- Talent & Workforce
- News &
- Doing Business Here
- Resources & Data
- About the Area
Census data help the state and communities make some assumptions about their overall health.
In 1902, the Census Bureau was formed for the purpose of counting the number of people in the United States. The data collected would become valuable for important tasks like allocating federal funds each year and determining the seats of the U.S. House of Representatives to the states based on their population. The data is to be collected every 10 years.
Throughout the other years, the bureau conducts dozens of other censuses and surveys, including the American Community Survey, the U.S. Economic Census and the Current Population Survey. The various censuses and surveys conducted by the bureau today help allocate more than $400 billion in federal money every year and help states, local communities and businesses make informed decisions.
The bureau has recently released its 2015 population estimates. Indiana’s growth remains slow, with more than half of Indiana counties losing population. Overall, Indiana has grown at about 2 percent since the last decennial census in 2010. But Indiana’s growth outpaces our neighbors in Michigan, Illinois, Ohio and Kentucky. The Midwest is growing at only 0.3 percent.
Most growth in Indiana has been in the center of the state, with four of the five fastest-growing counties surrounding Indianapolis. Generally, those suburbs outside metro areas have experienced the most gains while rural counties have experienced the most losses.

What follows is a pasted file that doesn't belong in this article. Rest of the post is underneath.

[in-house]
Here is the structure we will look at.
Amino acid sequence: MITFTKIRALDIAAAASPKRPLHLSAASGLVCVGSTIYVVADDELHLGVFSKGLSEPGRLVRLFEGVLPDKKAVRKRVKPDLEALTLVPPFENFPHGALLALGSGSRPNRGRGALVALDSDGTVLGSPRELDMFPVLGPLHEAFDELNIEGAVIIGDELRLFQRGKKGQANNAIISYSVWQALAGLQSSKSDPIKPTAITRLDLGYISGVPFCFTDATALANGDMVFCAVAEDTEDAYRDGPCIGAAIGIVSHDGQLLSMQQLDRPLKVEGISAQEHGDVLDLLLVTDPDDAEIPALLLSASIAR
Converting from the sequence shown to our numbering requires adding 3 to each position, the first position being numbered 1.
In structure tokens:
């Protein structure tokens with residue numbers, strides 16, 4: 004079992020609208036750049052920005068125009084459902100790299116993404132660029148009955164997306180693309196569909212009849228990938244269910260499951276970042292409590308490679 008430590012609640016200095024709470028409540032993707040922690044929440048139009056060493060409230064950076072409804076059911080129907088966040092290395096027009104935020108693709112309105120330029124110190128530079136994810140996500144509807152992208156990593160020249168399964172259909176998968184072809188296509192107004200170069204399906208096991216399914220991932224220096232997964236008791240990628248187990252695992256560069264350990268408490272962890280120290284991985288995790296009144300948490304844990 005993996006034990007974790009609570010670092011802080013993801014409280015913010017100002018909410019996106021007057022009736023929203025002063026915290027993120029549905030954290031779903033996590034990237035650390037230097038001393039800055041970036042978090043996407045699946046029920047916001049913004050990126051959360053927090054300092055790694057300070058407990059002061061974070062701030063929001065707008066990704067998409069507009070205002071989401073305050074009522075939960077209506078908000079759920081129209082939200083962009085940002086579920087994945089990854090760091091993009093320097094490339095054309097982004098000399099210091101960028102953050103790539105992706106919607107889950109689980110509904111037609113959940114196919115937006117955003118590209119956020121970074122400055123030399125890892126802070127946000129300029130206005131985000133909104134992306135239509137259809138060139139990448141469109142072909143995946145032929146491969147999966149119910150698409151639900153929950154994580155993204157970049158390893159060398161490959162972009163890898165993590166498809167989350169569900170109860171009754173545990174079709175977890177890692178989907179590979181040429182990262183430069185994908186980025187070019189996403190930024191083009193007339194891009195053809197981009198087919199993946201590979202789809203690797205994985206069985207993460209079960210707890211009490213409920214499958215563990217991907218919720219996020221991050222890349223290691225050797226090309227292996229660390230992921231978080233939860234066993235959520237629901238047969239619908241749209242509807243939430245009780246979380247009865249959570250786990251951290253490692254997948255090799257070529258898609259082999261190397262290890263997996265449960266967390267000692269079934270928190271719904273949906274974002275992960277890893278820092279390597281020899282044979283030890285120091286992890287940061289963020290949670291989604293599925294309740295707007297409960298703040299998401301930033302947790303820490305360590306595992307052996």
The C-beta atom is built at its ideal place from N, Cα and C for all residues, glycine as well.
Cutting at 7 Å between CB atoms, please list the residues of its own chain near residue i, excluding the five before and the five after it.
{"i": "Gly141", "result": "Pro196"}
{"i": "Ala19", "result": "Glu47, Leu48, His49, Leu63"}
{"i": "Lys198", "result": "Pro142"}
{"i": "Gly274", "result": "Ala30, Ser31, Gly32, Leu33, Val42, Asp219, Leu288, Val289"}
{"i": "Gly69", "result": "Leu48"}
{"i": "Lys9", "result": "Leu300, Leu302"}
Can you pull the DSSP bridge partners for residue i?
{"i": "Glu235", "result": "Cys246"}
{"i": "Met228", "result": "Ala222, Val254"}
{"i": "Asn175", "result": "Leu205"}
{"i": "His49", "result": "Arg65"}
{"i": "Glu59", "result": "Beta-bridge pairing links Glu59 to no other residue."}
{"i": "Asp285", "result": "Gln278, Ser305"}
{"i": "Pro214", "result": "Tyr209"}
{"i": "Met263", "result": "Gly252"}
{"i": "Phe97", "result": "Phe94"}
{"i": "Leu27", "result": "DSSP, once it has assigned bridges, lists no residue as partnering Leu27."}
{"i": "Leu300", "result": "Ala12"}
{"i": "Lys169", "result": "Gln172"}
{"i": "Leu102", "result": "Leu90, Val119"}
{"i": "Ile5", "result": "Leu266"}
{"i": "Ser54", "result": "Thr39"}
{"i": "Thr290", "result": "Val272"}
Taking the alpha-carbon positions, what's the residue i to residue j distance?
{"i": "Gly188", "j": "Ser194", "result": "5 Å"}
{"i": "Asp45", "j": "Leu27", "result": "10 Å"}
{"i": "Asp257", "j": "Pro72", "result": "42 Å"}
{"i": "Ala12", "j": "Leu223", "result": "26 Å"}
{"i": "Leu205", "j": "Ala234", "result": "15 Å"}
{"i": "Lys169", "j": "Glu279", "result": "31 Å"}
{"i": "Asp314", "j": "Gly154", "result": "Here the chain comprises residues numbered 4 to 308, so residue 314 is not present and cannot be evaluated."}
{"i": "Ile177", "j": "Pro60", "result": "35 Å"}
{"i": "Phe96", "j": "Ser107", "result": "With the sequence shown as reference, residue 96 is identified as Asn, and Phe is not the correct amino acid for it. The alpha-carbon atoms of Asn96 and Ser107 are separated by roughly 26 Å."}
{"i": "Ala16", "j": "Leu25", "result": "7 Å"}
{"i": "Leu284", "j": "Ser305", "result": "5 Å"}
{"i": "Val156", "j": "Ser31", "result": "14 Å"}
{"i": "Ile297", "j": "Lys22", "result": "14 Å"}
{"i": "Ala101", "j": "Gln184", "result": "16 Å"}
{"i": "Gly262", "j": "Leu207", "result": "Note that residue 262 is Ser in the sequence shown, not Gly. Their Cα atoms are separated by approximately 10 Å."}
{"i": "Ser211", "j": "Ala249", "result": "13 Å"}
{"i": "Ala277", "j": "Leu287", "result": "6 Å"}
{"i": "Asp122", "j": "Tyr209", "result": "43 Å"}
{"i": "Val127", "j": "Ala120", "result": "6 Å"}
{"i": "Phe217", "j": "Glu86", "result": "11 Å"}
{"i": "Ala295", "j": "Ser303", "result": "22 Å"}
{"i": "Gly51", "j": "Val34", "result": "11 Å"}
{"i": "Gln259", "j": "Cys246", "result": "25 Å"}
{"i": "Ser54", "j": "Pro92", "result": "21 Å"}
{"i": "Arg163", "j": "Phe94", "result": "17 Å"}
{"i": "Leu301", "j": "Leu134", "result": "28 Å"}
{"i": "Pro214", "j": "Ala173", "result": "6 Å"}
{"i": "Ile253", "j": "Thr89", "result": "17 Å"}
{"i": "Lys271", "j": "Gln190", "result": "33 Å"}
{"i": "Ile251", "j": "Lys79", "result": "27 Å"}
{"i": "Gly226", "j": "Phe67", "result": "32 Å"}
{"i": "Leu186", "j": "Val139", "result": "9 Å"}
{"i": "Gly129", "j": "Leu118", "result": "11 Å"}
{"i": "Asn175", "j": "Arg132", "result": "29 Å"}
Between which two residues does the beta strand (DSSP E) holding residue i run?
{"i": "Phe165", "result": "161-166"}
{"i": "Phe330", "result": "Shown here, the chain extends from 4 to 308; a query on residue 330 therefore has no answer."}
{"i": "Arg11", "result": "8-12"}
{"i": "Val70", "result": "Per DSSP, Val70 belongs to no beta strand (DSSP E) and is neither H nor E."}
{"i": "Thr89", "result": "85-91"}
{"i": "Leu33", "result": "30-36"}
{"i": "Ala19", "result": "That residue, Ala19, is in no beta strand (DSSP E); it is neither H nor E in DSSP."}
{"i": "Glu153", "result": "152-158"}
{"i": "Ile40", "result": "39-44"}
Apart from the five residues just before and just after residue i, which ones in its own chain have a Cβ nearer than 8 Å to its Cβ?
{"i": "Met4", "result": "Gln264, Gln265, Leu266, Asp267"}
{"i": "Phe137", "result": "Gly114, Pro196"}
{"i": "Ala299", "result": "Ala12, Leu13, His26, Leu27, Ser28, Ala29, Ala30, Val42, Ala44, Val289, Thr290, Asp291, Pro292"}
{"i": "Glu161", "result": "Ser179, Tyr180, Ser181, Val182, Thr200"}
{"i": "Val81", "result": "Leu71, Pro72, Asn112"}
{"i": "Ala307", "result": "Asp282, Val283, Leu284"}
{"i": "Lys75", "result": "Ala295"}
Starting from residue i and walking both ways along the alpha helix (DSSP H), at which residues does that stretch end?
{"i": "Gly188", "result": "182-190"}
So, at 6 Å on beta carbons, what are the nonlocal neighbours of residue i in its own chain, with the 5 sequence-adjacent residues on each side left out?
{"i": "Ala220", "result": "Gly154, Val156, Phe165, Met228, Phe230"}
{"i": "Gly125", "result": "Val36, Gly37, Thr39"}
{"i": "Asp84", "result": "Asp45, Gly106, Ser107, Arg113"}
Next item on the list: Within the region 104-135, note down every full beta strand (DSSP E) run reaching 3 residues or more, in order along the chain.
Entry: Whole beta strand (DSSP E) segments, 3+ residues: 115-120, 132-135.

In our area, the populations of St. Joseph and Elkhart counties have increased again; both are among the faster growing counties outside the center of the state. In 58 of Indiana’s 92 counties, the population shrank or stayed flat. In St. Joseph County, we’re bucking a trend that included decades of population stagnation.
Population growth is at the center of the Regional Cities mission. Experts had predicted slow to no growth for our area, but Regional Cities projects are intended to help buck that trend. We’re off to a good start, but it’s a little early to celebrate our success.
A closer look at South Bend estimates shows growth for the fourth straight year, reversing a trend of population decline that lasted several decades. In all, population has grown by only 719, with the trend being what should excite us most, even more than the number.
Population growth will be critical in the years to come to help fill new housing inventory currently under construction. Though single family residential growth has remained slow, in the next few years several hundred residential units are set to come to downtown South Bend and Mishawaka as well as on Mishawaka’s north side.
The people of our region play an important role in continuing this recent growth trend. Reach out to those friends and family who have left the area and tell them about all that has changed since they left. Or reach out to those former classmates or associates who have yet to experience our area and invite them for a visit.
While they’re here, be our chief salesperson.
We must build upon our moderate growth, complete key projects that will improve the quality of place, and attract young people to our region. Our future depends on it.
First Published in the South Bend Tribune on May 25, 2016